November 1942: The New York Times reported on page 10 that Adolf Hitler had begun a campaign to systematically annihilate all the Jews of Europe, and that two million Jews had already been killed. November 1942: Hillel Kook, known in the United States as Peter Bergson, began pounding on the doors of U.S. legislators, putting advertisements in major newspapers and organizing a rabbis' march on Washington to save the Jews of Europe - despite the opposition of Jewish leaders in America and mandatory Palestine. January 1944: U.S. President Franklin Delano Roosevelt gave into pressure to establish the War Refugee Board, responsible for saving 200,000 Jews (according to the Simon Wiesenthal Center). First half of 1944: 500,000 Hungarian Jews were shipped to Auschwitz.
"The only activity of significance in attempts to save what could still be saved of Europe's Jews was taken by Hillel Kook and his group," said former foreign and defense minister Moshe Arens (Likud), who spoke onWednesday at a memorial conference in Jerusalem sponsored by the OU Israel Center and the Root and Branch Association. Kook, whose yahrtzeit [anniversary of his death] was this week, died in Israel on August 18, 2001, at the age of 86.
But Kook's success in saving European Jews was mitigated by the failure of Jewish and non-Jewish leaders to respond to his pleas early enough to have saved even more. The antagonism between Kook and Jewish leaders in America and in the yishuv [the pre-state Jewish community in Palestine] was partly due to American fear of calling too much attention to the Jews and partly due to his close association with Ze'ev Jabotinsky and the underground Etzel movement [Irgun Zvai Leumi, "the National Military Organization"].
"Too much in awe of President Franklin Roosevelt, in fear of being accused of interfering with the war effort, too hesitant and hidebound, [American Jewish leaders'] feeble efforts to get the Allies to take action to stop the murder of Europe's Jews was completely ineffective," said Arens.
Kook himself, who was the nephew of the first chief rabbi of pre-state Israel, Abraham Isaac Kook, had much difficulty understanding the Jewish communal fear of linking Jews with the war.
"Who will say it's the `Jewish war'? Hitler?" Kook responded to an interview question in a 1978 movie called "Who will live and who will die" that was screened at the commemoration conference. "The people who were afraid of the `Jewish war' were the Jews, then and today. Wasn't it one war, or was Hitler's war against the Jews something outside, was Hitler's war against the Jews something outside the pale of humanity?"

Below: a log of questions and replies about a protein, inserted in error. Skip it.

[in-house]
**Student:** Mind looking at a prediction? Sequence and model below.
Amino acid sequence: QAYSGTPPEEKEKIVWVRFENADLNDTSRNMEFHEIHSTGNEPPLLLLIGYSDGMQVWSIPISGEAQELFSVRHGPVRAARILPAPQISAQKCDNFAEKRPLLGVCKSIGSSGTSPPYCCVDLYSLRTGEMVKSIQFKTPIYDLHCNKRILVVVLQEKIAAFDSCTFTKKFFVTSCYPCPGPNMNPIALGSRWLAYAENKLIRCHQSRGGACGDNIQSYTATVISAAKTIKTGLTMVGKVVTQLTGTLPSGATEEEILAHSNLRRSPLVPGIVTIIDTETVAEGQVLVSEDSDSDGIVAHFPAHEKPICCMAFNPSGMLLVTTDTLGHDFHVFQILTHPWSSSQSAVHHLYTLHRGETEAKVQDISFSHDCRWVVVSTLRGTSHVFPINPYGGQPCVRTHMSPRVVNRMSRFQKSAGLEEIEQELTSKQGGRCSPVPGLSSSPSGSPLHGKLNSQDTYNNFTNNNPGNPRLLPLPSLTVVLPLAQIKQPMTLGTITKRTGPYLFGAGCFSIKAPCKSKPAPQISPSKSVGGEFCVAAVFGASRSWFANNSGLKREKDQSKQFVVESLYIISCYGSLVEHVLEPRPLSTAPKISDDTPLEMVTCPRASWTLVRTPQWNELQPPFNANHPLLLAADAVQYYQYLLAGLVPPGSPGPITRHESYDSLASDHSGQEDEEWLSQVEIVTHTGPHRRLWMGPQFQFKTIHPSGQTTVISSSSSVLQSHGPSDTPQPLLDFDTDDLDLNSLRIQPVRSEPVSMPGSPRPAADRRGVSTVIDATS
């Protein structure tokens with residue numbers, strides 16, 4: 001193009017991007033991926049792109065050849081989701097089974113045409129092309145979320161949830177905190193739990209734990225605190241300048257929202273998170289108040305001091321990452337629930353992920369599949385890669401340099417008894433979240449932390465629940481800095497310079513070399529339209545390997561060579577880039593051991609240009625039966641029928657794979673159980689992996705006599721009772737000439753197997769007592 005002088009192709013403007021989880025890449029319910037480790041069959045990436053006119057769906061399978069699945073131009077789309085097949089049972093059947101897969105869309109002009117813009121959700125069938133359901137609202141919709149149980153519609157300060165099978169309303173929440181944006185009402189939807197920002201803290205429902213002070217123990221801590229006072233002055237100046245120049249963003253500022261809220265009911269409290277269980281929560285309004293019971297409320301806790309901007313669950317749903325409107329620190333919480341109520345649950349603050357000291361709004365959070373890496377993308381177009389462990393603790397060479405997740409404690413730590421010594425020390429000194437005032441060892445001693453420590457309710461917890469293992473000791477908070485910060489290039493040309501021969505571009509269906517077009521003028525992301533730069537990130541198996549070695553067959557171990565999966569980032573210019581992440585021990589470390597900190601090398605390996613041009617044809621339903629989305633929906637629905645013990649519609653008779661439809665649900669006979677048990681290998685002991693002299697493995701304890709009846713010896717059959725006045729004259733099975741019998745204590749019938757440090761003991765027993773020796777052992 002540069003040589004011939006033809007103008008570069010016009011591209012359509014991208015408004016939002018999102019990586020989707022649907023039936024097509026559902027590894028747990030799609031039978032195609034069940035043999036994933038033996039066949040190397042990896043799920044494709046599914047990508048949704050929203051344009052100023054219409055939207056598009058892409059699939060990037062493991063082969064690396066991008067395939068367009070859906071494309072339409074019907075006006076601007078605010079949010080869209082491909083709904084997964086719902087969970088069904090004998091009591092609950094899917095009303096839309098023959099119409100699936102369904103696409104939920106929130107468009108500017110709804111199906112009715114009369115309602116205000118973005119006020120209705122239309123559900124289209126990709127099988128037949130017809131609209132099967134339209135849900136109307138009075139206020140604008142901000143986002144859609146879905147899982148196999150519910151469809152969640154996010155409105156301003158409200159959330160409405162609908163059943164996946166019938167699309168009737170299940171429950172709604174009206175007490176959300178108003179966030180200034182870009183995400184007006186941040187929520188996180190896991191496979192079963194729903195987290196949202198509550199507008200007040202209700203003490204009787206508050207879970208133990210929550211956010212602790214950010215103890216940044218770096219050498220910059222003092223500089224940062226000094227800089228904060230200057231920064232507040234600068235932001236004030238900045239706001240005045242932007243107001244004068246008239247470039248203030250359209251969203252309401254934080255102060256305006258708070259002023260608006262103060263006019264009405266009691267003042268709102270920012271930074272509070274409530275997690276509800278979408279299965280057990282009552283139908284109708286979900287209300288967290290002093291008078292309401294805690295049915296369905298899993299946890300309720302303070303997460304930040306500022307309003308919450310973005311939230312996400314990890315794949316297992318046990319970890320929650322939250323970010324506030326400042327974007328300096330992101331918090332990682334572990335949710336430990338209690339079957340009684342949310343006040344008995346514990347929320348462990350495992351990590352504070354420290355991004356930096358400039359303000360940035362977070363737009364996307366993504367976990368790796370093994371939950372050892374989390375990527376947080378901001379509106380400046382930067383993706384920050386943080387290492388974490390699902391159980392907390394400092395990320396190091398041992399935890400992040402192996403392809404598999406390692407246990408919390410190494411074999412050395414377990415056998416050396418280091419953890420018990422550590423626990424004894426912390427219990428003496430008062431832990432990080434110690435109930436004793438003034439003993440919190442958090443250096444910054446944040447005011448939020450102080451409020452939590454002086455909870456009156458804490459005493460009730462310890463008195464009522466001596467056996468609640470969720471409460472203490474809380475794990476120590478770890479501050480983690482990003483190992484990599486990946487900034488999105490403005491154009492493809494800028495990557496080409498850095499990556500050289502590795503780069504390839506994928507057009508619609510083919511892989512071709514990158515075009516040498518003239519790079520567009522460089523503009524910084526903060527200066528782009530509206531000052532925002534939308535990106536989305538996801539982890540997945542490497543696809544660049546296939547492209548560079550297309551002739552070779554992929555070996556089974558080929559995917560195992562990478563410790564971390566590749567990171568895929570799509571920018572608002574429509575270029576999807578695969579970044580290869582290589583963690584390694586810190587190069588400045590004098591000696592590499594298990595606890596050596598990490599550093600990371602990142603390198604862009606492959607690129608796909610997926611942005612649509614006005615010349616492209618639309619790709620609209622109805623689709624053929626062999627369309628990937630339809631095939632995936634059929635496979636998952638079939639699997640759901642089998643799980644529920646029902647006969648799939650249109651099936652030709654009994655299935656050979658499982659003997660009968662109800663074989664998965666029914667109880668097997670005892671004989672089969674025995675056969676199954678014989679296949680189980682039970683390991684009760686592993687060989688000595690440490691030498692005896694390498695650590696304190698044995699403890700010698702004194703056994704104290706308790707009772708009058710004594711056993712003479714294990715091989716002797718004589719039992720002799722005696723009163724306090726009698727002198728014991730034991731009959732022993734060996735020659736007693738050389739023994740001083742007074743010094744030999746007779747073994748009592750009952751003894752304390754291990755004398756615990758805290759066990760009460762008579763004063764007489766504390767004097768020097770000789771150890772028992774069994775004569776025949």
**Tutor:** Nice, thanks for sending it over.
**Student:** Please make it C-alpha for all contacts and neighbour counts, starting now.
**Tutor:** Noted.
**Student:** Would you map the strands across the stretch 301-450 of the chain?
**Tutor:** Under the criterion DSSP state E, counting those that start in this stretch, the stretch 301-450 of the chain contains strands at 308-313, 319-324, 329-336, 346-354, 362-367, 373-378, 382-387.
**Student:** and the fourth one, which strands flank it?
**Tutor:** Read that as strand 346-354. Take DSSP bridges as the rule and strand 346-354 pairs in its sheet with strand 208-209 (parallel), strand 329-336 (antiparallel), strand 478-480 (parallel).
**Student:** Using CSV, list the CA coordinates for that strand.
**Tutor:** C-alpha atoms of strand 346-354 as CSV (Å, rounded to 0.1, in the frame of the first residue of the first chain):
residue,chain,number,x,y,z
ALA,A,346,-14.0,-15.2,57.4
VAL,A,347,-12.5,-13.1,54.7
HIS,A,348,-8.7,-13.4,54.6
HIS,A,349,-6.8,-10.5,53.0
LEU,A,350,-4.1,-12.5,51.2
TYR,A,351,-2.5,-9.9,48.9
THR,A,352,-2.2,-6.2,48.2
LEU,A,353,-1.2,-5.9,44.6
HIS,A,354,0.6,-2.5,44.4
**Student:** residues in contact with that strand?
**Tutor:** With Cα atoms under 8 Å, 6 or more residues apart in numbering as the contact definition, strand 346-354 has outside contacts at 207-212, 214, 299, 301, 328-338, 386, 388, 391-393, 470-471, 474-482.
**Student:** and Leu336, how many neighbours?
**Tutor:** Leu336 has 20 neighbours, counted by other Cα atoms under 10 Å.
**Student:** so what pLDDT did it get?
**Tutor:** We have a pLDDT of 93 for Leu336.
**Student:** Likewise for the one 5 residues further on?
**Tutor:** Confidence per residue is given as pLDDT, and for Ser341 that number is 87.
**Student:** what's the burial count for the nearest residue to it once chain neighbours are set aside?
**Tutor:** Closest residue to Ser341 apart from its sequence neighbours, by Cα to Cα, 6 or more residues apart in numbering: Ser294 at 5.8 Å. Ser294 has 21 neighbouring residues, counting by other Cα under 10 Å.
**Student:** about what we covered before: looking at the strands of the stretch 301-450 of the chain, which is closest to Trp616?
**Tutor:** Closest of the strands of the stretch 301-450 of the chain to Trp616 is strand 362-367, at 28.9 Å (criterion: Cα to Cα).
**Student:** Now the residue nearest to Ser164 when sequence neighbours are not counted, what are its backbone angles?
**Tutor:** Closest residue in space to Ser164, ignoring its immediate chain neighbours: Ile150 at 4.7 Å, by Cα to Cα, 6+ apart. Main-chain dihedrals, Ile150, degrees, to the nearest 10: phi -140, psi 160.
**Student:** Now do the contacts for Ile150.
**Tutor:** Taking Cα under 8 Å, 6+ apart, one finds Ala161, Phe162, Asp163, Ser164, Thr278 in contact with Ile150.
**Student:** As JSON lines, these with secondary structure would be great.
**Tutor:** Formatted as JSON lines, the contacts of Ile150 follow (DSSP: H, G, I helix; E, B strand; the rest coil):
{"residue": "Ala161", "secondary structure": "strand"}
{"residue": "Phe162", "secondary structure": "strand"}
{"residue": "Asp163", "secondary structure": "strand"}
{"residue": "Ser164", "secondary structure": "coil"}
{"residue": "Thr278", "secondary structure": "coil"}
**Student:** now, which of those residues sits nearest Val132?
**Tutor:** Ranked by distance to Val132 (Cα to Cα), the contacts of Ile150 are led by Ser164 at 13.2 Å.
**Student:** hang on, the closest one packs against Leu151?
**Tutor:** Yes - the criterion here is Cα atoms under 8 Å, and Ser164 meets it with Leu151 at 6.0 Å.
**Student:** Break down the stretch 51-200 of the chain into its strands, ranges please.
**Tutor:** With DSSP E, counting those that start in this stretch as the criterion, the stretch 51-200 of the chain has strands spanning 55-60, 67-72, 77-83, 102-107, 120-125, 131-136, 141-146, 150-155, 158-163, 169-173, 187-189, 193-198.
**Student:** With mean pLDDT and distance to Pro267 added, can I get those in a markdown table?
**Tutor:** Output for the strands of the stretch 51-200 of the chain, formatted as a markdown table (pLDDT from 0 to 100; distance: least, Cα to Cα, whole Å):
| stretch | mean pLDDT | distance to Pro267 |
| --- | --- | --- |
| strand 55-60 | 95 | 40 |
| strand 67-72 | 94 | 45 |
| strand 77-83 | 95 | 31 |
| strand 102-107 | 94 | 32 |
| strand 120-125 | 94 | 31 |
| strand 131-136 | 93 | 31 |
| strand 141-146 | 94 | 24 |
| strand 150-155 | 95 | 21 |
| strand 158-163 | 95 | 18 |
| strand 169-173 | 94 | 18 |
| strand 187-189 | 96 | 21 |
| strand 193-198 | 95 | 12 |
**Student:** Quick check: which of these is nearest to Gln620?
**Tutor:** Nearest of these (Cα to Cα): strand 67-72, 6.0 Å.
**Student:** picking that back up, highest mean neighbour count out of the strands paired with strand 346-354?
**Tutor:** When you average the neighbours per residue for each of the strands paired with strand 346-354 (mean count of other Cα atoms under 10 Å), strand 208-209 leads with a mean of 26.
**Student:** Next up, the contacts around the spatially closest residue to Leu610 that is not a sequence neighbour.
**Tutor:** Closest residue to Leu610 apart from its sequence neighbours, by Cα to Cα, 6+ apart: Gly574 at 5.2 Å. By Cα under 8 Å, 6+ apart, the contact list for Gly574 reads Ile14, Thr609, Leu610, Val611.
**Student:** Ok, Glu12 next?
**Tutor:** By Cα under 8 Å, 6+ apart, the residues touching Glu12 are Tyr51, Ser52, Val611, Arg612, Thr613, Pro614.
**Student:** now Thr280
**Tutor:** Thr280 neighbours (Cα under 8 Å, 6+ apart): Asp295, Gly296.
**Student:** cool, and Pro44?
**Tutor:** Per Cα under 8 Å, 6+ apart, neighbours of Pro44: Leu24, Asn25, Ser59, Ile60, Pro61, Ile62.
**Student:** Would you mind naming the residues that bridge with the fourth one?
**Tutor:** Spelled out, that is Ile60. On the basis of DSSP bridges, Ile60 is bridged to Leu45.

Kook, who was born in Lithuania in 1915 and immigrated to Palestine with his family at the age of 10, worked as an Etzel emissary bringing Jews from Europe to Palestine before moving to the United States in 1940. Once in the U.S., Kook agitated for the creation of a Jewish army to fight the Germans, hoping that the military training would later serve the Jews in fighting for their own state. But when Kook found out about Hitler's extermination plans, his Committee for a Jewish Army became a committee to rescue the Jews of Europe, and he lobbied legislators to ultimately convince the Roosevelt administration to create the War Refugee Board.
Kook appeared dissatisfied with the extent of his accomplishments, thinking instead of all he could have done if Jewish and American leaders had been willing to act earlier.
" `The Jews [as a whole] couldn't have been saved," even if Jewish leaders took up Kook's call to aid their release as soon as he found out about the extermination plan, Kook said in the movie. "But could many, maybe even most of the surviving Jews of Europe of November 1942 have been saved? In my opinion, definitely yes."
"It haunts me," said Kook. "This is my conviction, and I wish I didn't have it."
An article published in the New York Jewish weekly The Forward reviewing a book called "A Race Against Death: Peter Bergson, America, and the Holocaust," by David S. Wyman and Rafael Medoff, indicated that Kook's affiliation with Jabotinsky had an effect on Jewish leaders' disenchantment with him: "The campaign aroused intense hostility among the mainstream American Jewish leaders of the day, headed by Rabbi Stephen S. Wise, who regarded Bergson as a hothead likely to provoke a public and governmental backlash. In important ways the hostility was an extension of the often-violent feud between Wise's allies in the world Zionist movement, Chaim Weizmann and David Ben-Gurion, and Bergson's mentor, the right-wing Zionist opposition leader Vladimir [Ze'ev] Jabotinsky."
Indeed, Hillel Kook's daughter Becky, 44, said at Wednesday's conference that her father has yet to be sufficiently recognized by Israel, and that she never studied her father's role in the Holocaust while taking history classes in Israeli schools. In her father's case, "politics and pettiness triumphed over courage and truth," said Becky Kook, a political science professor at Ben-Gurion University of the Negev.
Nonetheless, history's silence in the face of Hillel Kook's activism was "not really a source of bitterness" for him, his daughter said.
"For my father, the past was only as important as the lessons we learned from it for the present or for the future," Becky Kook said. From the stories Hillel Kook told about his life, his daughter learned that it is necessary to speak up and protest wrongdoing. "Being a `nuisance diplomat,' as my father was often called, is always the moral option."
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